'There is no expiration date': a qualitative analysis using the Social Cognitive Theory to identify factors influencing physical activity among adults living with advanced cancer


Purpose To identify cognitive, behavioral, environmental, and other factors that influence physical activity in adults with advanced cancer using qualitative, semi-structured interviews. Methods Eighteen semi-structured interviews were conducted with adults living with stage IV breast, prostate, or colorectal cancer; or multiple myeloma recruited from the University of Wisconsin Carbone Cancer Center. We used the Social Cognitive Theory to design the interview guide and a reflexive thematic approach for analysis. Results Participants were 62 years old on average and currently receiving treatment. Despite reporting numerous barriers to physical activity, most participants discussed engaging in some physical activity. Participants reported difficulties coping with changes in physical functioning especially due to fatigue, weakness, neuropathy, and pain. While cold weather was seen as a deterrent for activity, access to sidewalks was a commonly reported feature of neighborhood conduciveness for physical activity. Regardless of current activity levels, adults with advanced cancer were interested in engaging in activities to meet their goals of gaining strength and maintaining independence. Having a conversation with a provider from their cancer care team about physical activity was seen as encouraging for pursuing some activity. Conclusions Adults living with advanced cancer are interested in pursuing activity to gain strength and maintain independence despite reported barriers to physical activity. To ensure patients are encouraged to be active, accessible resources, targeted referrals, and interventions designed to address their goals are critical next steps. Relevance Integrating conversations about physical activity into oncology care for adults living with advanced cancer is an important next step to encourage patients to remain active and help them improve strength and maintain quality of life and independence.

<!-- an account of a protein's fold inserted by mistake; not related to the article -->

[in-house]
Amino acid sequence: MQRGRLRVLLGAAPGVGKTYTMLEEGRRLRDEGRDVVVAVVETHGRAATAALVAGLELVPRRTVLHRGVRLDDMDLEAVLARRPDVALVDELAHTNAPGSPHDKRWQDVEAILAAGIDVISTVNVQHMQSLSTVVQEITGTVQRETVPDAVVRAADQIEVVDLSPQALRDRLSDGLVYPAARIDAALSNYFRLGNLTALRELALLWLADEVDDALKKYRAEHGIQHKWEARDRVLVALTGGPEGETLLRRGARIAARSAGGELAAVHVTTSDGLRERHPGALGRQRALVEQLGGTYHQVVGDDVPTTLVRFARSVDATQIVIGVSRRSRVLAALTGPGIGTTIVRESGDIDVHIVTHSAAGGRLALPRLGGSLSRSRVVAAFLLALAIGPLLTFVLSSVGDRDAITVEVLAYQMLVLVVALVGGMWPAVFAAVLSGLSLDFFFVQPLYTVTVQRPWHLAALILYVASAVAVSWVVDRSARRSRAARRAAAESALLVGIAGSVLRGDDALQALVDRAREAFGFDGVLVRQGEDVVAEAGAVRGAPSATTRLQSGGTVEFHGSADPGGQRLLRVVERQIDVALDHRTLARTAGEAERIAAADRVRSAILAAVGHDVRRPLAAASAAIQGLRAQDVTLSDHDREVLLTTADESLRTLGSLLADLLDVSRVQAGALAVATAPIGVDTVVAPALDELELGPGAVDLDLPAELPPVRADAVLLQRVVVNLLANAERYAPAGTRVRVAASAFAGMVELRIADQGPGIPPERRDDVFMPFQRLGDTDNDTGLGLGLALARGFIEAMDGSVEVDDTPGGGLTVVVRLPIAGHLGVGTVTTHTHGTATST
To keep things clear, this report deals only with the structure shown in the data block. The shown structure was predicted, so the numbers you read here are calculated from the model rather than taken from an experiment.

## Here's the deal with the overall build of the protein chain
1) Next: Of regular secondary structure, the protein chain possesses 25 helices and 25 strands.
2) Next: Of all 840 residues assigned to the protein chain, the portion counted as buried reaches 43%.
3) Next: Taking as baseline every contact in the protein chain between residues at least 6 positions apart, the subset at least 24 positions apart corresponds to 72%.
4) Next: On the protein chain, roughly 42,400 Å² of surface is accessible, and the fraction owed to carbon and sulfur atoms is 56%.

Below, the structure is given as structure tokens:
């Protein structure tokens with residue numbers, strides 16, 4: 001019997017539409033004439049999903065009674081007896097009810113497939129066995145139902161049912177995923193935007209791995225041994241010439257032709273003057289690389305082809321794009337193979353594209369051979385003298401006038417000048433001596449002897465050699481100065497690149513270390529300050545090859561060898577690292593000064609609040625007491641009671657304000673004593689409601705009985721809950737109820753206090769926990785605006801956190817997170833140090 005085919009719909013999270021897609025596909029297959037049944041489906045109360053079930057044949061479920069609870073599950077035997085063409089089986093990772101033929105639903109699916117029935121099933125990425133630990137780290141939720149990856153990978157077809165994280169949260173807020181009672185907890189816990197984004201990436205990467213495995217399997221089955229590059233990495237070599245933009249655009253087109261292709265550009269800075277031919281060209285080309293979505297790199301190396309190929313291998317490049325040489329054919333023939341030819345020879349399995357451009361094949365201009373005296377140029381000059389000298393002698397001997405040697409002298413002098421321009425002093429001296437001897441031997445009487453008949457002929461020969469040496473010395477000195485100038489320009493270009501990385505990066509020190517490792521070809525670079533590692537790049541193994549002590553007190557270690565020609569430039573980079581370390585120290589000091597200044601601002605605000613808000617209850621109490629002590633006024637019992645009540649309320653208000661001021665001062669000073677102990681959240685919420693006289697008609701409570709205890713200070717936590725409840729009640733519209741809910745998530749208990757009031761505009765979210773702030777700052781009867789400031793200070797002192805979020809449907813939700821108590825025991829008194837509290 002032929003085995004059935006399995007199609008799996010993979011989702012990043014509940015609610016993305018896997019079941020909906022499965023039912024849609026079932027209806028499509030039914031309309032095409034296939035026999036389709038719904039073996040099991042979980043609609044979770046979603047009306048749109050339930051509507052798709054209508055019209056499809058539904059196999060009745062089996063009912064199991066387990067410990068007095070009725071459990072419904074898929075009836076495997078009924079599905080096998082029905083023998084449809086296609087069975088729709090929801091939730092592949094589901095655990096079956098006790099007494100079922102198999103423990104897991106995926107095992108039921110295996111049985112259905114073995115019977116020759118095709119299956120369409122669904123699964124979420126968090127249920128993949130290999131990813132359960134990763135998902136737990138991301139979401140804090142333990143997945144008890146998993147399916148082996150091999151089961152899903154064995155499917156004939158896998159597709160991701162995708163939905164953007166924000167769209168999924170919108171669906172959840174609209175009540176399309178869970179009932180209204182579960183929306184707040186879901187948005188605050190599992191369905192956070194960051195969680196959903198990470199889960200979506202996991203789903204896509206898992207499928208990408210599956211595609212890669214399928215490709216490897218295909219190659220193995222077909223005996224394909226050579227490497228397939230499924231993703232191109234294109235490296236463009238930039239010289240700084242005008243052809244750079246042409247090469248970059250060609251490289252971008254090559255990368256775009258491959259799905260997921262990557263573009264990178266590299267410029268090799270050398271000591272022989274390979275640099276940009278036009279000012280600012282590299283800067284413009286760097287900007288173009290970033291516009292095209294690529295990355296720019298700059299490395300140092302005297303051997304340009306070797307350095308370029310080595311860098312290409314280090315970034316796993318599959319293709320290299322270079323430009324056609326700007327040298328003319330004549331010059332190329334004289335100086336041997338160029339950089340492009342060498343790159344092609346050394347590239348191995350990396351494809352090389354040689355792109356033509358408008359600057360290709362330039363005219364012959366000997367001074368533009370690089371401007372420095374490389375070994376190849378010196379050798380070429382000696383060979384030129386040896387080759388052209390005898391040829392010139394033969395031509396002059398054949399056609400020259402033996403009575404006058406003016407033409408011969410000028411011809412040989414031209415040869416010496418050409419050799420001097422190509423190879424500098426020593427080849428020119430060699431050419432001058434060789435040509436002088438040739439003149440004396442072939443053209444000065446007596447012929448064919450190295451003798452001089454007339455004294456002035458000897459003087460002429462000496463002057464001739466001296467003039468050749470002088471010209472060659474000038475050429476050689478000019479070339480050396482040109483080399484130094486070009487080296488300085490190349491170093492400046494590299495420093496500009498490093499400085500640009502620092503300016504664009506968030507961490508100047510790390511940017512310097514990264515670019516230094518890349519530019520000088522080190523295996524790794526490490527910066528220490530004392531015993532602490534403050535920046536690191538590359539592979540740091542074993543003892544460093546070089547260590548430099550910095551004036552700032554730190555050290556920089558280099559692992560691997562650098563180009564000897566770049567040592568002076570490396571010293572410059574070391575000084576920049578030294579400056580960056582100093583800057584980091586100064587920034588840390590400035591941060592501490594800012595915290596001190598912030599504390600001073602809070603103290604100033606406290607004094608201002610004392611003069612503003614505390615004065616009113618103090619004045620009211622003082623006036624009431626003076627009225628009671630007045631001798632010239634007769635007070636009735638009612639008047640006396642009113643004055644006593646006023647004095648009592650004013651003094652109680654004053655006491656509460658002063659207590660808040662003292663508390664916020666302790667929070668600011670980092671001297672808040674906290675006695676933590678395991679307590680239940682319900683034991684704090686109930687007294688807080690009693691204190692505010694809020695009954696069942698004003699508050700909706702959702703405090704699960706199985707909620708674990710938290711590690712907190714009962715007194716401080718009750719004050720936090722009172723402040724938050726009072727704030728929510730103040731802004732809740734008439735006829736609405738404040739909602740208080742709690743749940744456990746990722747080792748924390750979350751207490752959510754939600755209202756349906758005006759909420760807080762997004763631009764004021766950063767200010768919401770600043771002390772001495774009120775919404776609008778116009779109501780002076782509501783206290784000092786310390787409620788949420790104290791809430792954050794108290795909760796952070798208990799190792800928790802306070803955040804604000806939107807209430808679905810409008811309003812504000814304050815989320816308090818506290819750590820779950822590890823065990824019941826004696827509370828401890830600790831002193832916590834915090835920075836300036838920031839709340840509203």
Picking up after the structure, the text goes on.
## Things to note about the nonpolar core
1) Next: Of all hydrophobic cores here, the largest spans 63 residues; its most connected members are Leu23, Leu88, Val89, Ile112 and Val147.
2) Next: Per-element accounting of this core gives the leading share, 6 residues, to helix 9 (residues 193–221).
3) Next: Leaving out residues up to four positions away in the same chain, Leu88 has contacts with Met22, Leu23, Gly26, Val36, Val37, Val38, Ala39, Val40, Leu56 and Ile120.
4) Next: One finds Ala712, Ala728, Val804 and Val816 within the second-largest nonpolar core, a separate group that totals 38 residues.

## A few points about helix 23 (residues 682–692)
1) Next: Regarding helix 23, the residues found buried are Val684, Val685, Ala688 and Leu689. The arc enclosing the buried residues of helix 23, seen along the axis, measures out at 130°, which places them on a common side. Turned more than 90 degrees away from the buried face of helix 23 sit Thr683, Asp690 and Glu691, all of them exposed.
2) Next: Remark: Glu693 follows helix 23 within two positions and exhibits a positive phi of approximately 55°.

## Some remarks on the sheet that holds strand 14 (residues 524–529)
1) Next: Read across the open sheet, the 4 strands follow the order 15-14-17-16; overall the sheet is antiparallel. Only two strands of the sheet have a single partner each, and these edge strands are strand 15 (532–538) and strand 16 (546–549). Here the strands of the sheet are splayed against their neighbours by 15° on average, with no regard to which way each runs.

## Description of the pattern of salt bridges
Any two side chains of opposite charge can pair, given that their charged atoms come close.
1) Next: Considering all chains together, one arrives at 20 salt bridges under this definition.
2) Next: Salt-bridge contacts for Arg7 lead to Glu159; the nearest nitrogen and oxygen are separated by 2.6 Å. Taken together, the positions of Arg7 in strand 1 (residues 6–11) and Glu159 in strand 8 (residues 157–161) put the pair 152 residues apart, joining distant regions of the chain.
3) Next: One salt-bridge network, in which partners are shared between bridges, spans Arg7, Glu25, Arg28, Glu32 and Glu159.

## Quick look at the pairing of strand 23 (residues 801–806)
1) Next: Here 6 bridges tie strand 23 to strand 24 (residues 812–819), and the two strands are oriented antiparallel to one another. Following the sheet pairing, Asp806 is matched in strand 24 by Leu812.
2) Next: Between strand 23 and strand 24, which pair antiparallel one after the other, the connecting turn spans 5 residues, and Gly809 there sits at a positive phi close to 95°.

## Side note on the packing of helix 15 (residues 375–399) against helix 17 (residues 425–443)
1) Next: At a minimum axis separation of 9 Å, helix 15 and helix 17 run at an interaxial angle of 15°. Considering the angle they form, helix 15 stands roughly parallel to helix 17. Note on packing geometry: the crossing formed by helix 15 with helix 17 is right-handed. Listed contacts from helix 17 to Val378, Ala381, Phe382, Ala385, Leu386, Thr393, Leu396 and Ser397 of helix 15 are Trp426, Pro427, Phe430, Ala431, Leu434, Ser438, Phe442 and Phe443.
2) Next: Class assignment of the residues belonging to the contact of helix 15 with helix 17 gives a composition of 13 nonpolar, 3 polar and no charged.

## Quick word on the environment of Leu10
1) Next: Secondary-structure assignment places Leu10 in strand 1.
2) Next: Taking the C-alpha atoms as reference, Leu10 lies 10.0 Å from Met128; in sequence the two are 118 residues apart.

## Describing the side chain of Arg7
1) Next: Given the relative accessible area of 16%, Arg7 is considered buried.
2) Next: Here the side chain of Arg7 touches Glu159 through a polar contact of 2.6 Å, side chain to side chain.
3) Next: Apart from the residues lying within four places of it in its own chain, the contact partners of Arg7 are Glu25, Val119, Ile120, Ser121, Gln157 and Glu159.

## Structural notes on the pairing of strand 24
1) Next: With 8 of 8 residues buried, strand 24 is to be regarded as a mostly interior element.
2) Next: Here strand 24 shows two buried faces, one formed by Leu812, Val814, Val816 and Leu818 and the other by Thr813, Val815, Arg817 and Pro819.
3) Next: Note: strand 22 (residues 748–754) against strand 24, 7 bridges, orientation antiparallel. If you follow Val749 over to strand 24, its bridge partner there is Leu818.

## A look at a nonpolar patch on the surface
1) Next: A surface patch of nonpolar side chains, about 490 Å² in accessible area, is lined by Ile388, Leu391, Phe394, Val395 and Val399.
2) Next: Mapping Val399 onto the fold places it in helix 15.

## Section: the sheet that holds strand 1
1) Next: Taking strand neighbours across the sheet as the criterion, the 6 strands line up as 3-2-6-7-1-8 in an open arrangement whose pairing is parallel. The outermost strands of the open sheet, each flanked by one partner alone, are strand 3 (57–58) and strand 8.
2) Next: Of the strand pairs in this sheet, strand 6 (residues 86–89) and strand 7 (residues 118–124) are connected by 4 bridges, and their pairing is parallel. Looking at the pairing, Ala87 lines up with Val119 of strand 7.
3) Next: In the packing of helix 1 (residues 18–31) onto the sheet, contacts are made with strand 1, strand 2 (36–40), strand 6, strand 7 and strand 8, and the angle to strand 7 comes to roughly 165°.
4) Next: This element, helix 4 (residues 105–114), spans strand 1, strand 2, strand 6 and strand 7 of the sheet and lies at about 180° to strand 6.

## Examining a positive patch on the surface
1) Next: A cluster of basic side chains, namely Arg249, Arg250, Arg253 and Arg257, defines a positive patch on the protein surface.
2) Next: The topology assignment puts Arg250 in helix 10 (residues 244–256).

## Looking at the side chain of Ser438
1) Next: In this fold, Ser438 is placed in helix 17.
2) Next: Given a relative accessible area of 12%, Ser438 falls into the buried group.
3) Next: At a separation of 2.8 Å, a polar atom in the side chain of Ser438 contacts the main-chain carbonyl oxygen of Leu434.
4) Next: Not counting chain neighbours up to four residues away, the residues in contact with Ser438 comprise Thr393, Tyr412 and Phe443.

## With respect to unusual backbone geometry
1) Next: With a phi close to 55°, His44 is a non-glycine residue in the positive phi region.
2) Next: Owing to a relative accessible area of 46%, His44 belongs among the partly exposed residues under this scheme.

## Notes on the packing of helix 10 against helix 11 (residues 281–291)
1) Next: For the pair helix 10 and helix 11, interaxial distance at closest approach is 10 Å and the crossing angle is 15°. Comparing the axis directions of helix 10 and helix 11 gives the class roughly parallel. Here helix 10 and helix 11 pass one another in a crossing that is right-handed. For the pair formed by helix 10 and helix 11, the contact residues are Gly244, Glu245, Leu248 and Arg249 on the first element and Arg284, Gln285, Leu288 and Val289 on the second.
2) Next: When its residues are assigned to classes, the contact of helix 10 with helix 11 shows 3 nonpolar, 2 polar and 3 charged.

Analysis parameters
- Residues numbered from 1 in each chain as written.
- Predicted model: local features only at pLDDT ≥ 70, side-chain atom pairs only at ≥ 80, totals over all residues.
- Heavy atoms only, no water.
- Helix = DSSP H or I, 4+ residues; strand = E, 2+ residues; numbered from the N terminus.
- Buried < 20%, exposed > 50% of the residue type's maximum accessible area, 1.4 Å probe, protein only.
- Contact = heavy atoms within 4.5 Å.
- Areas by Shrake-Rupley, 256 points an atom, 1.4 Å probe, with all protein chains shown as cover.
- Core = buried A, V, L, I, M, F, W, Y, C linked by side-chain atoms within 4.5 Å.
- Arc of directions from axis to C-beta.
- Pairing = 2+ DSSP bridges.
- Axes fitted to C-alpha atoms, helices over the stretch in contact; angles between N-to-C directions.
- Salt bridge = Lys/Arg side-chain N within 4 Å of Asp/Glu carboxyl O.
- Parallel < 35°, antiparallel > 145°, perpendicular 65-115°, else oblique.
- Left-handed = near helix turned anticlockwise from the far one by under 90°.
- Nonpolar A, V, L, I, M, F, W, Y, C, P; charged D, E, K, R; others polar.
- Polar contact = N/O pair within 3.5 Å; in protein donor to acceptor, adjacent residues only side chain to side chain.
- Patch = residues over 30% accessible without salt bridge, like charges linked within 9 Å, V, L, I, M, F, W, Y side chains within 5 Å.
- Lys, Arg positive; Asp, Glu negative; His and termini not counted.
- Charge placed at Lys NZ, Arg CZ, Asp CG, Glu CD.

Supportive Care in Cancer